Named IHU, the new B.1.640.2 variant has so far infected 12 people living in southeastern France. The first case has been linked to a person with a travel history to Cameroon, said the authors in a research paper published on medRxiv last Wednesday.
In the analysis, the authors found “46 mutations” has not been spotted in other countries, nor has it been labelled a variant under investigation by the WHO.
The genomes were obtained by next-generation sequencing. The authors of the paper claimed that the “index-case” was fully-vaccinated and tested positive for the covid test after returning from a three day trip to Cameroon.
“Subsequent detection by qPCR of three mutations in the spike gene to screen for variants, as systematically performed in France in case of SARS-CoV-2 positivity, revealed an atypical combination with L452R-negativity, E484K-positivity, and E484Q-negativity… that did not correspond to the pattern of the Delta variant involved in almost all SARS-CoV-2 infections at that time,” reported News.com.au, citing the paper.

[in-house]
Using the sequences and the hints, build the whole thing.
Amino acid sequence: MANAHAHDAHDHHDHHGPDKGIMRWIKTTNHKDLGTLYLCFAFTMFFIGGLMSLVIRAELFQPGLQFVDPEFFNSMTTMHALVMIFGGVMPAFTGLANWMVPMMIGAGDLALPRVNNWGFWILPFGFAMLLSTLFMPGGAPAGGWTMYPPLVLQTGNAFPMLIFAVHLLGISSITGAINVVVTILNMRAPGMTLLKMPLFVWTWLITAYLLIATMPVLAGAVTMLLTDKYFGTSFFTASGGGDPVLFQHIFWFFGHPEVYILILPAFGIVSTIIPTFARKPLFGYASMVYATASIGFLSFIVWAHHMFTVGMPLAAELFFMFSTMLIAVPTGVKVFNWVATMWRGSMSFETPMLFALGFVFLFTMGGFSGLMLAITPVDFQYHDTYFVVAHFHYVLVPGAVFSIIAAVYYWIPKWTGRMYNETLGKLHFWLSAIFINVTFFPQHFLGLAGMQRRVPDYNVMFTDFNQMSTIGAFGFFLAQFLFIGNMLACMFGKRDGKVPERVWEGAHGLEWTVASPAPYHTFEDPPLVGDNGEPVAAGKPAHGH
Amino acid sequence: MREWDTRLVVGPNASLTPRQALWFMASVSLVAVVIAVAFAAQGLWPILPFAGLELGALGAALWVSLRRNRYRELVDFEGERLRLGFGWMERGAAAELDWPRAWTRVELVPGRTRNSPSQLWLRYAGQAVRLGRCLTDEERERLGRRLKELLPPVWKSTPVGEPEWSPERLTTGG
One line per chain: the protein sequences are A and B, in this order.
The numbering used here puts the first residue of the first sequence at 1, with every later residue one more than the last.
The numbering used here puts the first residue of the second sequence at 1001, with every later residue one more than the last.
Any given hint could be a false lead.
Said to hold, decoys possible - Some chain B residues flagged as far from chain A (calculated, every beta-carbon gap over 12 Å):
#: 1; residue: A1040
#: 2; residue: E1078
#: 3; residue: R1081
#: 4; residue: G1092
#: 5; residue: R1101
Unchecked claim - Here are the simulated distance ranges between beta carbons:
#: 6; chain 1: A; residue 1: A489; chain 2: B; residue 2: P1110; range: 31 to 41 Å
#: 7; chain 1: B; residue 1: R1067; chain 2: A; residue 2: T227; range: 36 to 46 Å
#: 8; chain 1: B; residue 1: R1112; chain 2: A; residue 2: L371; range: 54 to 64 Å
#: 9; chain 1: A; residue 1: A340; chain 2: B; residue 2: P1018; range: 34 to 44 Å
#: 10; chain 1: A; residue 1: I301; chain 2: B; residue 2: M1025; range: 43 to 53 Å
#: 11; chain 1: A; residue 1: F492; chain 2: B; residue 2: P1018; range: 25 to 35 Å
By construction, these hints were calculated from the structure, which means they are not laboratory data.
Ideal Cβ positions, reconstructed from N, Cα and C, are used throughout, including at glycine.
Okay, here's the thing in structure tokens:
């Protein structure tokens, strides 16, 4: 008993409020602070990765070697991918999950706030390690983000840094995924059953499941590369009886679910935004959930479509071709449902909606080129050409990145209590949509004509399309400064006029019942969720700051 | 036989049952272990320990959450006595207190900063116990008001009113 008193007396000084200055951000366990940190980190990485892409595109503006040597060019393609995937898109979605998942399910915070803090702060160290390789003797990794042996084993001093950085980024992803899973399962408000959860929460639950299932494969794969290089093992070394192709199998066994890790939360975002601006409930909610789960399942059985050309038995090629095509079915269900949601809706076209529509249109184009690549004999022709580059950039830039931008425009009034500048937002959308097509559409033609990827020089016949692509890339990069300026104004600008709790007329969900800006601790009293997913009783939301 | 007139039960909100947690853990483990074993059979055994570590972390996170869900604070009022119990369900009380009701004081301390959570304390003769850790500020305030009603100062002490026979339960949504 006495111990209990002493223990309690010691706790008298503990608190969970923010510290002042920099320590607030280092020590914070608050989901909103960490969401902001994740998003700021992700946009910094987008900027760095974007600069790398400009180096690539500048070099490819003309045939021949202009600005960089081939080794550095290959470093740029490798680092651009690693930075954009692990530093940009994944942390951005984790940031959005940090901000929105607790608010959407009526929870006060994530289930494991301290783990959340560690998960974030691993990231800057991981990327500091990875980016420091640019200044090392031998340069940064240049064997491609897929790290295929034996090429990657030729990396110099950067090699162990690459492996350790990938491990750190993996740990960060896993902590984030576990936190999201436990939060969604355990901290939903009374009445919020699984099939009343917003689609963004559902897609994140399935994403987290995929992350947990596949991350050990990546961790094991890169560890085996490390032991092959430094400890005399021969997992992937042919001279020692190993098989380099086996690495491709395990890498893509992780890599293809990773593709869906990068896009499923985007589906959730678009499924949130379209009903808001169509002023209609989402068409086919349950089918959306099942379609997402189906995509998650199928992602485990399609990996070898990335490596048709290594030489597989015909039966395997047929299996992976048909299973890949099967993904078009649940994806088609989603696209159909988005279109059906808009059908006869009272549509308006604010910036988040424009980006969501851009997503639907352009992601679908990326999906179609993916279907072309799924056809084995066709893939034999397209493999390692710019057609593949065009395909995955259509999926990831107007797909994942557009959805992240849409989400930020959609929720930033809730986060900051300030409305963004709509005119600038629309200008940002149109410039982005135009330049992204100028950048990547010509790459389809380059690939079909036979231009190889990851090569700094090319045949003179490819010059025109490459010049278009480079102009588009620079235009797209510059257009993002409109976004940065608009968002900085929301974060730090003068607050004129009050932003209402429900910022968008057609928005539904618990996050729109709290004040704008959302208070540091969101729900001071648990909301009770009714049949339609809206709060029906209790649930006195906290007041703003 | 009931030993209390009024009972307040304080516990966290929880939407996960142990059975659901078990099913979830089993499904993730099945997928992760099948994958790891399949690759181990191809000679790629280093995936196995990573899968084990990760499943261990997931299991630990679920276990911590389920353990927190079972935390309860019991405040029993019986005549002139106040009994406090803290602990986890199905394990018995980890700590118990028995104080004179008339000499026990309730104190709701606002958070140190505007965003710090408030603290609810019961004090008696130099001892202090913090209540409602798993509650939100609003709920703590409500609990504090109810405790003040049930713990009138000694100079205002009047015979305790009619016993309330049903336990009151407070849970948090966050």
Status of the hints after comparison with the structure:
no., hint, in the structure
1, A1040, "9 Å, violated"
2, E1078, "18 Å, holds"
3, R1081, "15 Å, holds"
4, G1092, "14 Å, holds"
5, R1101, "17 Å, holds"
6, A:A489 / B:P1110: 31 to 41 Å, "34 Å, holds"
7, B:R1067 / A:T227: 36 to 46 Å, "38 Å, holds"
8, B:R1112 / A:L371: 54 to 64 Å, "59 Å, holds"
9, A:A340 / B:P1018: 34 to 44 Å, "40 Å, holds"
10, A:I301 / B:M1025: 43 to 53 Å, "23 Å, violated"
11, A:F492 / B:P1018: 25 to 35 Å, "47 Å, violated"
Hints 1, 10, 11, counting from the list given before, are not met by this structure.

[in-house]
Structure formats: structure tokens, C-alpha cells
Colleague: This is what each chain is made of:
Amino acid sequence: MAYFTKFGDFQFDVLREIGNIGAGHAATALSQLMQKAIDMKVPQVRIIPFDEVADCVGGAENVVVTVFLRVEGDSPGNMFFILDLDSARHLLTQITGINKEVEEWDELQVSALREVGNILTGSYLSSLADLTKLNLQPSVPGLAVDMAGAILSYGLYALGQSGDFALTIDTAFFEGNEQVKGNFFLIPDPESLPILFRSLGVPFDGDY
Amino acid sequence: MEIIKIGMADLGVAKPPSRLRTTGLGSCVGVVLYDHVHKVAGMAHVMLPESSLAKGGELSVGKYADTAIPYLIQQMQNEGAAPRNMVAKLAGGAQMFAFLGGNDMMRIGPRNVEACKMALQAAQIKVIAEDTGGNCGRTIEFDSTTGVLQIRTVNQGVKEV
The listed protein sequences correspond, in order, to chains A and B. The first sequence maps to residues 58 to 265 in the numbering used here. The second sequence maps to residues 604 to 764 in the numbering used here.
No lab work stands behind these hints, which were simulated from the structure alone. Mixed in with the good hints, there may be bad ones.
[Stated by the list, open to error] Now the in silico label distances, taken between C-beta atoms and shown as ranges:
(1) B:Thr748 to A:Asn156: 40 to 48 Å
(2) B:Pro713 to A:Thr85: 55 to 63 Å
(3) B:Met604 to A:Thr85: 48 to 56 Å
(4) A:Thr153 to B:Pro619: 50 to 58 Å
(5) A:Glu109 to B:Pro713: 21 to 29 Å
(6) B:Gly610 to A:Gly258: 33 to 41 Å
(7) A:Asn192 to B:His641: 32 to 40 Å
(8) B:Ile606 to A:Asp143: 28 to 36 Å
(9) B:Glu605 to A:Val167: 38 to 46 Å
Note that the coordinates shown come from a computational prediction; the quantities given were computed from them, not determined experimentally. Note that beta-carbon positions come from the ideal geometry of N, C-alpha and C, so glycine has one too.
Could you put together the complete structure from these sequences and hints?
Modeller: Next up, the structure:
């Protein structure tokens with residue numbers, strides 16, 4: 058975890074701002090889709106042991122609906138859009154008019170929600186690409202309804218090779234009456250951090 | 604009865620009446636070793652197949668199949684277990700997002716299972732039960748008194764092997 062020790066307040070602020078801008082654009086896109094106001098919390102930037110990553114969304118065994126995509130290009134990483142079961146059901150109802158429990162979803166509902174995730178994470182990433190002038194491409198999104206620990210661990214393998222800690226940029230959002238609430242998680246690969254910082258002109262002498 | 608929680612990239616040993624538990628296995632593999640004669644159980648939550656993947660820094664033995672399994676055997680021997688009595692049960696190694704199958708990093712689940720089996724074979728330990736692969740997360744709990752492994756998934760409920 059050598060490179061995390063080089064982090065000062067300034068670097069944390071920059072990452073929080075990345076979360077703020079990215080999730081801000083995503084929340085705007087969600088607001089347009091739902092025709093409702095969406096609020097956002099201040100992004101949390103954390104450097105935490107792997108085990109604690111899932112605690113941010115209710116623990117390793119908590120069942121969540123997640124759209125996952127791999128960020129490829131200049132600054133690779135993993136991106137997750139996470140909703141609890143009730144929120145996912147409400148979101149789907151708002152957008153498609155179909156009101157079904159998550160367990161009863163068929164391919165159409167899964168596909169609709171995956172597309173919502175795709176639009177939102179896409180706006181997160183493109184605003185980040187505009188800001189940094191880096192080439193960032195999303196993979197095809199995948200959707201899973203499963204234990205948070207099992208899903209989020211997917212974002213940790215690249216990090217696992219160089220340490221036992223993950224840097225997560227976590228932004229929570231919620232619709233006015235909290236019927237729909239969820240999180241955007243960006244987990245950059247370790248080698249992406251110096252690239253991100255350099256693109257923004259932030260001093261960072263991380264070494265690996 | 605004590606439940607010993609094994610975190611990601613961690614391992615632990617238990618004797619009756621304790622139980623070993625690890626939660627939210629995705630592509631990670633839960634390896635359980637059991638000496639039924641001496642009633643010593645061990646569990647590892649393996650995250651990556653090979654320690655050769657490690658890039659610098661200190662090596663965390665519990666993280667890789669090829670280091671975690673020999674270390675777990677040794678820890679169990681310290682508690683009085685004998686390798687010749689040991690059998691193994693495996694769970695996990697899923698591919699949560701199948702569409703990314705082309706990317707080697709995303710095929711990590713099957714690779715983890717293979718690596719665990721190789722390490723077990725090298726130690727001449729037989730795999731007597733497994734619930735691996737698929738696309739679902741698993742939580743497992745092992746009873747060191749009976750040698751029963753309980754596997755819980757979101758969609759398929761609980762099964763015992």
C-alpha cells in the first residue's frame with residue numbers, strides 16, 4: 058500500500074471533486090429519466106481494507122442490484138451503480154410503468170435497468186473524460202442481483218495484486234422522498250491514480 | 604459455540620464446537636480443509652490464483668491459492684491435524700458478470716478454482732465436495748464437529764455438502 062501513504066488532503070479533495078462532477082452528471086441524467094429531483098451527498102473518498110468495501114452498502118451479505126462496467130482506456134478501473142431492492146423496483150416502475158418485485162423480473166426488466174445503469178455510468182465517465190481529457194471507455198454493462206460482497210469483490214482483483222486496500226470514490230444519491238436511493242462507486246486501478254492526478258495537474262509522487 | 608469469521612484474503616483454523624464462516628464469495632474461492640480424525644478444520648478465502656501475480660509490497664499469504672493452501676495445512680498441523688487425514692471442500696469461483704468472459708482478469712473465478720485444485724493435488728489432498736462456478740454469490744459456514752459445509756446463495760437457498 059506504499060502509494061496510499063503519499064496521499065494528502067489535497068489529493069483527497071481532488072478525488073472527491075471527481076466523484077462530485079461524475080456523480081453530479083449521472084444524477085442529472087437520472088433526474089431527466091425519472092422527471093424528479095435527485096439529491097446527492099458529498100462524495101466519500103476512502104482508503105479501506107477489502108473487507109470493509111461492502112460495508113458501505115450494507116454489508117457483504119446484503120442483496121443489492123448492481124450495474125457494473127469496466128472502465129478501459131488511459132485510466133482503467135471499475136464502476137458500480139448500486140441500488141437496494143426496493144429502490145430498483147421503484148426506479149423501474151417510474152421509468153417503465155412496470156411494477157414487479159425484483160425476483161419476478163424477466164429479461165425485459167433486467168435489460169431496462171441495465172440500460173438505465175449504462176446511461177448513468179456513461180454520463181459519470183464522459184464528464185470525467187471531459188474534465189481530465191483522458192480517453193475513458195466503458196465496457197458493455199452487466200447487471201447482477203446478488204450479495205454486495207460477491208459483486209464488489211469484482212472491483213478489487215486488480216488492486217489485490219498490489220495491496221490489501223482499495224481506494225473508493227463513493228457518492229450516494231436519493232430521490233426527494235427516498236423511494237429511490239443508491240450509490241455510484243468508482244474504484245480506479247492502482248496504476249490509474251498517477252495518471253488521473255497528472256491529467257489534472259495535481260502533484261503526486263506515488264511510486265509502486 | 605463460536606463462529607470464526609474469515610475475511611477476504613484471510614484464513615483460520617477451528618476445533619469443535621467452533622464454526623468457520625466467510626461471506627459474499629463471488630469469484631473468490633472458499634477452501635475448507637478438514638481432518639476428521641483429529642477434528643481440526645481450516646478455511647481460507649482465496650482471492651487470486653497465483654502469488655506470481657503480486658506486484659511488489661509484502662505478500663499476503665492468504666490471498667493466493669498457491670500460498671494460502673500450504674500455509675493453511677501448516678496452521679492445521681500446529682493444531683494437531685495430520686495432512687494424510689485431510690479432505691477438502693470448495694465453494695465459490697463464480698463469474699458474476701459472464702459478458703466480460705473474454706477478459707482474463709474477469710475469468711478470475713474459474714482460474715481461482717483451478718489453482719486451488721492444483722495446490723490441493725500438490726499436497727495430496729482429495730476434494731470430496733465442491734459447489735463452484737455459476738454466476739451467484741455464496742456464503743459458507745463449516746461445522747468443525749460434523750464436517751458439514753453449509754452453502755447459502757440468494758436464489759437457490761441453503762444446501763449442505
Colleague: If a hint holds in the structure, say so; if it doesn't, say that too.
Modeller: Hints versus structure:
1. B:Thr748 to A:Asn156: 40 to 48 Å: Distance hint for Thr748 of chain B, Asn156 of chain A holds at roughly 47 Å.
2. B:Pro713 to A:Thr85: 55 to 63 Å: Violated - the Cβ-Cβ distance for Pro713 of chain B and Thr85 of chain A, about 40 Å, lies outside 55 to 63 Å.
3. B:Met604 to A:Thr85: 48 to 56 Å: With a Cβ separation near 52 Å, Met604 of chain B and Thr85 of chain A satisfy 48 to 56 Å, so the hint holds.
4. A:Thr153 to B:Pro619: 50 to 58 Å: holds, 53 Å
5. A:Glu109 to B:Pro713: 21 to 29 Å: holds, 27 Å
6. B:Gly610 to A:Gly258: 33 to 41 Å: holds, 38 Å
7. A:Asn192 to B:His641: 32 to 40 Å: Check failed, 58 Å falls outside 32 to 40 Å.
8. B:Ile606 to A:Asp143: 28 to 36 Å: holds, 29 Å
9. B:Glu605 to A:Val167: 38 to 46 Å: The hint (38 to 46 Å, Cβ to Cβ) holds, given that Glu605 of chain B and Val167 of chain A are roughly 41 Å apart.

Arguing that the emergence of the new variant emphasised the importance of “genomic surveillance”, the authors said their observations once again showed the “unpredictability of the emergence of new SARS-CoV-2 variants”.
In a long Twitter thread, epidemiologist and a fellow at Federation of American Scientists, Eric Feigl-Ding said: “There are scores of new variants discovered all the time, but it does not necessarily mean they will be more dangerous. What makes a variant more well-known and dangerous is its ability to multiply because of the number of mutations it has in relation to the original virus.”
“This is when it becomes a “variant of concern” – like Omicron, which is more contagious and more past immunity evasive. It remains to be seen in which category this new variant will fall,” he added.
Source Link New IHU Covid variant with 46 mutations worries experts in France